NBN will press pause on its rollout of further hybrid fibre-coaxial (HFC) connections while it works to address poor performance encountered by end users.
NBN CEO Bill Morrow announced today that “effective immediately” it would delay new HFC activations until it can “calibrate a number of processes” and deliver higher quality connections using the technology.
Morrow said that end users with HFC connections had encountered dropouts and that there were also issues encountered when migrating to the new network.
The CEO said that for premises that are slated to be connected using the technology but do not yet have active services there will be a six to nine month delay. (Morrow said that customers that have already placed an order will still be connected, however.)
Morrow said that customers affected by the delay will still be able to access non-NBN telephony and broadband services, either over ADSL or through HFC.
NBN expects to ultimately connect some 3 million premises with HFC. Some 1 million premises were — until today’s announcement — able to order an HFC-based NBN service. There are 375,000 households with active NBN services using HFC connections, and 50,000 premises waiting for activation.
Morrow said there was “no risk at all” of a repeat of September 2016 when NBN largely dumped its plan to use Optus’ HFC-based pay TV infrastructure. The current rollout of the technology is based on Telstra’s HFC infrastructure.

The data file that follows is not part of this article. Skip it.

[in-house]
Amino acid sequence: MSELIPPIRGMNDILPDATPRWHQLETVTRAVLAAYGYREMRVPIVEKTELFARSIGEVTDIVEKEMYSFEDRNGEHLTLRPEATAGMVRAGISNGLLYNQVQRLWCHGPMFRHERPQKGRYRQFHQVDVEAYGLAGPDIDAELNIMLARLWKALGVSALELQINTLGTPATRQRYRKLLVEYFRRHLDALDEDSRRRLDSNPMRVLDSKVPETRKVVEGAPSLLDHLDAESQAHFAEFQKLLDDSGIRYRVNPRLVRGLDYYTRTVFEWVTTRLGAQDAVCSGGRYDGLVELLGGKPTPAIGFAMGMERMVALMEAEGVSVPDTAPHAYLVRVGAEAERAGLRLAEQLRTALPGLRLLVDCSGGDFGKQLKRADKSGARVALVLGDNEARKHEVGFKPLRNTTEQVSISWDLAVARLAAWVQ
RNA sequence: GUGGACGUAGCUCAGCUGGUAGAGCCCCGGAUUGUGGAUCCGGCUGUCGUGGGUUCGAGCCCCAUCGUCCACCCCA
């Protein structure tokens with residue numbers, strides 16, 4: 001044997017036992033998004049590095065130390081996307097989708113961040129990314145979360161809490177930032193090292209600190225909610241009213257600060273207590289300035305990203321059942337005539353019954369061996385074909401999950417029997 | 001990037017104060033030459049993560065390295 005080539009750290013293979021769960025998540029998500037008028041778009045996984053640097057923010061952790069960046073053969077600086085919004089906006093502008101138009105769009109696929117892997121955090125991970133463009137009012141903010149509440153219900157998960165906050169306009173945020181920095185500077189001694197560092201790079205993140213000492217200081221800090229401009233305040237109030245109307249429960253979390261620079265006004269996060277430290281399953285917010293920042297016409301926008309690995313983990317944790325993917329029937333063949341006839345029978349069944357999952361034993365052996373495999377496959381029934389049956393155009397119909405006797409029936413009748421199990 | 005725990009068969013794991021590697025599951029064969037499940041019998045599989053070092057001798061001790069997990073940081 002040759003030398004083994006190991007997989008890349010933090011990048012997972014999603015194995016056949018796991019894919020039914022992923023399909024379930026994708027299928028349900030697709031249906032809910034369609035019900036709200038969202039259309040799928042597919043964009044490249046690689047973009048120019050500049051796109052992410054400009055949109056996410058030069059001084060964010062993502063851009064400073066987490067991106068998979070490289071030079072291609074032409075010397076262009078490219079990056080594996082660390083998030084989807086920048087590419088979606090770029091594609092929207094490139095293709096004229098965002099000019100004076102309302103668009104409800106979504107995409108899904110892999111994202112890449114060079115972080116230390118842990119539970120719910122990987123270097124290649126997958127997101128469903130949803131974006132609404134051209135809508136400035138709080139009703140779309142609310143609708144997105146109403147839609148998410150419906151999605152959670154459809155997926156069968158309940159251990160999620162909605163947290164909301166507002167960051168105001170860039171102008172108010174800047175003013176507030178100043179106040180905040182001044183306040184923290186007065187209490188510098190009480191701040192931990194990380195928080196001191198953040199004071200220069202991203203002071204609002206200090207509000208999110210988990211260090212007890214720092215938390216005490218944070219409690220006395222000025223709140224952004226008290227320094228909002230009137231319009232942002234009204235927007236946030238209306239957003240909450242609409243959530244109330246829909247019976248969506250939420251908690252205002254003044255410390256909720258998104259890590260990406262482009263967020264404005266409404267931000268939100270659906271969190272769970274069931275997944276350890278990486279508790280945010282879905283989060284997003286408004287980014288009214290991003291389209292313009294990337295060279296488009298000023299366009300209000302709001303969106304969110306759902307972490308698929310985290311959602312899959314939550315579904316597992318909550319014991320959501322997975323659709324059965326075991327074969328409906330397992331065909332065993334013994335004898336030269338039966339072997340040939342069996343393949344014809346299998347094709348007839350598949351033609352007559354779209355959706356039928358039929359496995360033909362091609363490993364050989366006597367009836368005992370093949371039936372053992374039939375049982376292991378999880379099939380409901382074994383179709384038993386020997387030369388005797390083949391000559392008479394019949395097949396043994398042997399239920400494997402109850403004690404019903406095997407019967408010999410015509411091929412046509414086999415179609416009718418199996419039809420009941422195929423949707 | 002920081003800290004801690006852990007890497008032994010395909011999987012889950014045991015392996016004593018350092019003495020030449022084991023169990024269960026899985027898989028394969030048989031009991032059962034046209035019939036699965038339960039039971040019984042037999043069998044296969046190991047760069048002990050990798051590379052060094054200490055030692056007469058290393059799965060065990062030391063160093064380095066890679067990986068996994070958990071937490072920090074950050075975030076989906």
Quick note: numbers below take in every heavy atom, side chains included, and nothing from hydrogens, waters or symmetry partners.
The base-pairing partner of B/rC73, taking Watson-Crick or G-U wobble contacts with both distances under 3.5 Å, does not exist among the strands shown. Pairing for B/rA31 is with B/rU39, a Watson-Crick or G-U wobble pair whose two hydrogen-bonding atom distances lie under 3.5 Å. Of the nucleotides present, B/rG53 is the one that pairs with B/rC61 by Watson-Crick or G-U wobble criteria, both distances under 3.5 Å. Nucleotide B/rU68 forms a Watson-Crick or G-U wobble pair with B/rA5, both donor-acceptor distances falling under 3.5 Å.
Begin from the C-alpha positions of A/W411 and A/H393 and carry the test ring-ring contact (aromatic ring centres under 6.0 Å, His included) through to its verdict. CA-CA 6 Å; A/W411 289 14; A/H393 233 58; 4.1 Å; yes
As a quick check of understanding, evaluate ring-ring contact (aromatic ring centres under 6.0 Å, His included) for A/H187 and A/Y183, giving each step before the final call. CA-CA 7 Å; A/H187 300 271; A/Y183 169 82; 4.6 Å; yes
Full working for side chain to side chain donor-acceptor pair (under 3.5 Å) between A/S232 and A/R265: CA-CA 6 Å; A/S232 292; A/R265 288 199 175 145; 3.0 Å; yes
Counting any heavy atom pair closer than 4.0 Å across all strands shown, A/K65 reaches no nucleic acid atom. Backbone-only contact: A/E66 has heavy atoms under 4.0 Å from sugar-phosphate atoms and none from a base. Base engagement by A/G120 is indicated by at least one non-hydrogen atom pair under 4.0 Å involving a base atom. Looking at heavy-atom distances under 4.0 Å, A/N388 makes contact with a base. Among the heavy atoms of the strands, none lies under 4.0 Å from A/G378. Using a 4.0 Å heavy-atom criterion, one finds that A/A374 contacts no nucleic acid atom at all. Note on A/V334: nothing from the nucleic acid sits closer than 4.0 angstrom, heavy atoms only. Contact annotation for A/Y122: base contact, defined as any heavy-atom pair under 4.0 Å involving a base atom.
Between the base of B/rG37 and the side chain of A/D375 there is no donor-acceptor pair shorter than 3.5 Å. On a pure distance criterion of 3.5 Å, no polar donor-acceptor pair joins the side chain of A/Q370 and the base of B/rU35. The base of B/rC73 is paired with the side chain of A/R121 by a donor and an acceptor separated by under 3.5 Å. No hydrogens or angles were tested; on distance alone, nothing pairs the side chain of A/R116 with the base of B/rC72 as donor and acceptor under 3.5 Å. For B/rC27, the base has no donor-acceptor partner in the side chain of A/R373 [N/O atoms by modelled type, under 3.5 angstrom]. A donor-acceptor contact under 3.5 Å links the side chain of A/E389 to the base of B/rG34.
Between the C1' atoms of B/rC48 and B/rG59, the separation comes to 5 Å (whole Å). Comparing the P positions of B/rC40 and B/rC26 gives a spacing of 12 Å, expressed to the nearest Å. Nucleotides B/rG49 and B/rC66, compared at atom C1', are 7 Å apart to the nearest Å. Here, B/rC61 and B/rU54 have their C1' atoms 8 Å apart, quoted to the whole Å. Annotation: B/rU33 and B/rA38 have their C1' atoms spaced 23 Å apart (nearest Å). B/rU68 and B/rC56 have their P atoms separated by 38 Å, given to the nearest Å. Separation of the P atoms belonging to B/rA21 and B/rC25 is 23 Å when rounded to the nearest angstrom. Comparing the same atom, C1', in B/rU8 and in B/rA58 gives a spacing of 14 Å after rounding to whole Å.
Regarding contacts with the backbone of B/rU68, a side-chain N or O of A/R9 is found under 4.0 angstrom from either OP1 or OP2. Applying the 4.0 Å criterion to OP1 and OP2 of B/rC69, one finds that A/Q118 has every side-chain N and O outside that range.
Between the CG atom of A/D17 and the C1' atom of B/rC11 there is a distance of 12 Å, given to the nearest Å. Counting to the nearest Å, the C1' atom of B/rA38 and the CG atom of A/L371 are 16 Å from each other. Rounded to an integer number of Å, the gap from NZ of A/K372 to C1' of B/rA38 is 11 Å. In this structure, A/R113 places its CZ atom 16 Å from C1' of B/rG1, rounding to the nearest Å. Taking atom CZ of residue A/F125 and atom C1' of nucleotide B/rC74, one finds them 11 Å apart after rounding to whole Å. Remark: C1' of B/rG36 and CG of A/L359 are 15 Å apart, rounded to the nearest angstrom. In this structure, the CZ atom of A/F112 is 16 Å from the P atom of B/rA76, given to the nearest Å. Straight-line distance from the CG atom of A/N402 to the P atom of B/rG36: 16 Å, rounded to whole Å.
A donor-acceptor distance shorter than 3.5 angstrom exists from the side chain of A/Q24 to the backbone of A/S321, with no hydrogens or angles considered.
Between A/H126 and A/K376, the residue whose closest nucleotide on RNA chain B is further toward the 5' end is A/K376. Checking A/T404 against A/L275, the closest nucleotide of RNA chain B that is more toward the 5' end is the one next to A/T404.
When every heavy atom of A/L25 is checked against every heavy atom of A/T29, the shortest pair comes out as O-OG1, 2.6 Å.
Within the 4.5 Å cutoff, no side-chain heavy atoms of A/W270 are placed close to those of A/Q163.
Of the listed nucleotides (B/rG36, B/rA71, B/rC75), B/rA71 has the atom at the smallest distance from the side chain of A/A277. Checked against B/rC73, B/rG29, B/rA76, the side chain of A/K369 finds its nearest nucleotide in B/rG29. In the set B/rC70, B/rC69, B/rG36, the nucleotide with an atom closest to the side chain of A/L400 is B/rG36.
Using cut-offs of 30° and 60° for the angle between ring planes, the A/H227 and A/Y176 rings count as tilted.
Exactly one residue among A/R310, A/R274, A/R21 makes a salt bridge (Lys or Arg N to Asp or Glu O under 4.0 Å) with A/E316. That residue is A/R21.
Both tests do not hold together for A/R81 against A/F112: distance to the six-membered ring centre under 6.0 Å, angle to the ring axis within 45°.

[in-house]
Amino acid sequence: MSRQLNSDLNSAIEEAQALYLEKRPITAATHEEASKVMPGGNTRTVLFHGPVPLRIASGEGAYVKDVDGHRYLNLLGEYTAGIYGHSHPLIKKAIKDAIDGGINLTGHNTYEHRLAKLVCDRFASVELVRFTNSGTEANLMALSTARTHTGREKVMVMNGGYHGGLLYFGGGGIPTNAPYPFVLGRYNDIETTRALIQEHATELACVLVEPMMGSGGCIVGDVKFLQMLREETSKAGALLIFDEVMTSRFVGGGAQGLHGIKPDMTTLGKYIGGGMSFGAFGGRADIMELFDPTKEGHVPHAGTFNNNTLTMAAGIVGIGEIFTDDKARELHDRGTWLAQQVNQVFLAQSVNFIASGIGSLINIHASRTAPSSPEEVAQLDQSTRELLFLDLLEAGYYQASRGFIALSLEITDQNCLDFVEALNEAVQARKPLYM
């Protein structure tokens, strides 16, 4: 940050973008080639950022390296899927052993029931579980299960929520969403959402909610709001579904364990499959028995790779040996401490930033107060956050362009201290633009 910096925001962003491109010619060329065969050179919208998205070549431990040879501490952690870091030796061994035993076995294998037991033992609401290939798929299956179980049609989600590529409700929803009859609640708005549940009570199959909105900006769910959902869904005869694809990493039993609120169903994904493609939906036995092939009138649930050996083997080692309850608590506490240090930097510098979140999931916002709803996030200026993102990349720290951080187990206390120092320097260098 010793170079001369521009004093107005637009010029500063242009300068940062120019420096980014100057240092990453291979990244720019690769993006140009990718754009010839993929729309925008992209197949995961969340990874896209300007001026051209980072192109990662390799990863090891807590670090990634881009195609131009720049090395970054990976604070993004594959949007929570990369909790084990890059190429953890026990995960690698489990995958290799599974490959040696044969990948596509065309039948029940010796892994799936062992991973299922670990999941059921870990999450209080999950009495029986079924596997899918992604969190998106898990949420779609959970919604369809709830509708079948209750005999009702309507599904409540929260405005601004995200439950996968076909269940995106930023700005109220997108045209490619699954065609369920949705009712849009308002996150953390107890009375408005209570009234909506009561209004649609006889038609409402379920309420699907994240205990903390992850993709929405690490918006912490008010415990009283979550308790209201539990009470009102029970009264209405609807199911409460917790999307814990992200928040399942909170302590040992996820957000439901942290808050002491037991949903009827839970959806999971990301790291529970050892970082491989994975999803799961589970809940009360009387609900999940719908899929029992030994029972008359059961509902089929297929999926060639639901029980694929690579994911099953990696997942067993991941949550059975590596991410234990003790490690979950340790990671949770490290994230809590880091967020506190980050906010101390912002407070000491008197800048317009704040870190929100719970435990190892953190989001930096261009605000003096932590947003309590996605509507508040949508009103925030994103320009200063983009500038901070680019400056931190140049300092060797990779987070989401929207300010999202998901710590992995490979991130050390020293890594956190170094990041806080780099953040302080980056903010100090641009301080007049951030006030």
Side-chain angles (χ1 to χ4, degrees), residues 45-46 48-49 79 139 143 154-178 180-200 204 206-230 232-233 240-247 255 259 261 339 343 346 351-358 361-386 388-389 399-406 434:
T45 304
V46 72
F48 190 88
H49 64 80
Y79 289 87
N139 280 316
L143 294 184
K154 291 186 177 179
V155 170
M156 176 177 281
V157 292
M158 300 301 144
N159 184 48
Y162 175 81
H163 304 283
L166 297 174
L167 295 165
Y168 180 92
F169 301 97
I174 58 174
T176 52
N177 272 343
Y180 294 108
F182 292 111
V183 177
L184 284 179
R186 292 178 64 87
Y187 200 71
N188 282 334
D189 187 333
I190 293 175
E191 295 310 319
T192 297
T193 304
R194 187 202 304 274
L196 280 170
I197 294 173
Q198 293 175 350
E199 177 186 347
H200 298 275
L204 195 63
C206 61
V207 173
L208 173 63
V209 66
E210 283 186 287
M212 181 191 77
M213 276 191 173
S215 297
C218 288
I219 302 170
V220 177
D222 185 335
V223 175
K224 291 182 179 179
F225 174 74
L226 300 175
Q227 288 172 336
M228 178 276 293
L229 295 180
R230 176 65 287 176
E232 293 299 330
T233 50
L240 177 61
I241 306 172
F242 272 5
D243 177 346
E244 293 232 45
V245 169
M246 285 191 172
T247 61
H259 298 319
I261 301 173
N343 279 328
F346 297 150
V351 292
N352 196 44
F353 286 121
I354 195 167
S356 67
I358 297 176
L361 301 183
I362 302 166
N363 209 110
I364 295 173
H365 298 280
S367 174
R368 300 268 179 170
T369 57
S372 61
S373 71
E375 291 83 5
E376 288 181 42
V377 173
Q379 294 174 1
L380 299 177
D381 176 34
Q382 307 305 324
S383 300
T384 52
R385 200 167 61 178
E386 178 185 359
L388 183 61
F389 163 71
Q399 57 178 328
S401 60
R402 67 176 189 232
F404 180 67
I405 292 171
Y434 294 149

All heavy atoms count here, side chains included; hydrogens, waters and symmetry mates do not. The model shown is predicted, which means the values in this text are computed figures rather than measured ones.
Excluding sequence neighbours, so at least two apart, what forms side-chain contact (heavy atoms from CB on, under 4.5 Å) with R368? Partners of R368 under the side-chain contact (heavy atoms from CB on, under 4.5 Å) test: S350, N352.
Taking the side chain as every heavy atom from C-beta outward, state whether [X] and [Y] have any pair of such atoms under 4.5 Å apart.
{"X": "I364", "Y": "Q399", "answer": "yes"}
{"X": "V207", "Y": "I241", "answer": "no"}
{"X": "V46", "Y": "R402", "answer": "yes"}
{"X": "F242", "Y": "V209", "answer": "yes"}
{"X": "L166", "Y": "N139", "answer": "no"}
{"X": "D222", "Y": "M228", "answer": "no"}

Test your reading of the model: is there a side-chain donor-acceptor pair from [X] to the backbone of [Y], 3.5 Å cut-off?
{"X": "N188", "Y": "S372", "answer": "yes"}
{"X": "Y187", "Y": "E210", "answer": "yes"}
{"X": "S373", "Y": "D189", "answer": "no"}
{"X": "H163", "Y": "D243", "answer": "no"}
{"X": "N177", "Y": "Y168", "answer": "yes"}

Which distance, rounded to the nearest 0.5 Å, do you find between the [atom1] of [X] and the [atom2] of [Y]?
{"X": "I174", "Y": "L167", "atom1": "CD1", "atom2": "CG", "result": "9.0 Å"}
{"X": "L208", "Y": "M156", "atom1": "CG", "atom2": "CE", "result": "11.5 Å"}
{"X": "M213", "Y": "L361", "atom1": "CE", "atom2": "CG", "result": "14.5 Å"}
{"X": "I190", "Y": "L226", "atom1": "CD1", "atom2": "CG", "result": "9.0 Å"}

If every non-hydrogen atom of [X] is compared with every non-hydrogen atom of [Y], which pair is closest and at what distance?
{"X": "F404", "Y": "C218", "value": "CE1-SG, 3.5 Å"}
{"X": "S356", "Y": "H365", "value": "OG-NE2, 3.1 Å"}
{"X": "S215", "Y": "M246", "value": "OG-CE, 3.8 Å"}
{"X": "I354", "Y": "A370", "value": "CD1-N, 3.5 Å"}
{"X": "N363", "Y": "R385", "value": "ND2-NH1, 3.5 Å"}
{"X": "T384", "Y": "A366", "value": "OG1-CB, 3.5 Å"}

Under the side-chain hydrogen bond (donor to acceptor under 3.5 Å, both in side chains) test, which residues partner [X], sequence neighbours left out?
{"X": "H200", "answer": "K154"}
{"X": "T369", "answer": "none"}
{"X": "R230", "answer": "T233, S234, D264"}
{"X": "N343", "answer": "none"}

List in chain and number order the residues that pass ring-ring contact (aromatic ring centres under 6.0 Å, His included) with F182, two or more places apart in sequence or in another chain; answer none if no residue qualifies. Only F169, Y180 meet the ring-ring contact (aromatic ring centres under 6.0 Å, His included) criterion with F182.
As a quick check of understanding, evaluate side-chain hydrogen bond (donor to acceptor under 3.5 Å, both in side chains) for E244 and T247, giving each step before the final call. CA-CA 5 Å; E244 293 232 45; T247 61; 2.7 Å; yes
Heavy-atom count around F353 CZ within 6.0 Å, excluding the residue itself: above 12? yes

He said he still had faith in HFC describing it as a “wonderful technology” that can deliver high speeds at a low cost.
The CEO said that it was too early to assess whether there would be a financial impact from the decision, but said NBN was still on track to complete the new network in 2020.
“In order to meet a higher level of service quality, NBN Co will be performing advanced network testing and remediation where needed, wholesale connector replacements, signal amplification calibration, and lead-in work as required,” NBN said.
NBN has previously been subject to significant criticism over another of its key fixed-line technologies, fibre to the node.
Telstra to assess impact on revenue
In a statement to the ASX, Telstra said that its FY18 guidance “included an assumption that the nbn rollout would be broadly in accordance with the nbn Corproate Plan 2017.” NBN in August issued an updated corporate plan, the telco noted.
“Telstra will assess the effect of today’s announcement in conjunction with the nbn co Corporate Plan 2018 on its outlook for FY18 and advise the market once that assessment is complete. The delay in the nbn rollout will delay a proportion of the payments to Telstra from nbn into future periods.”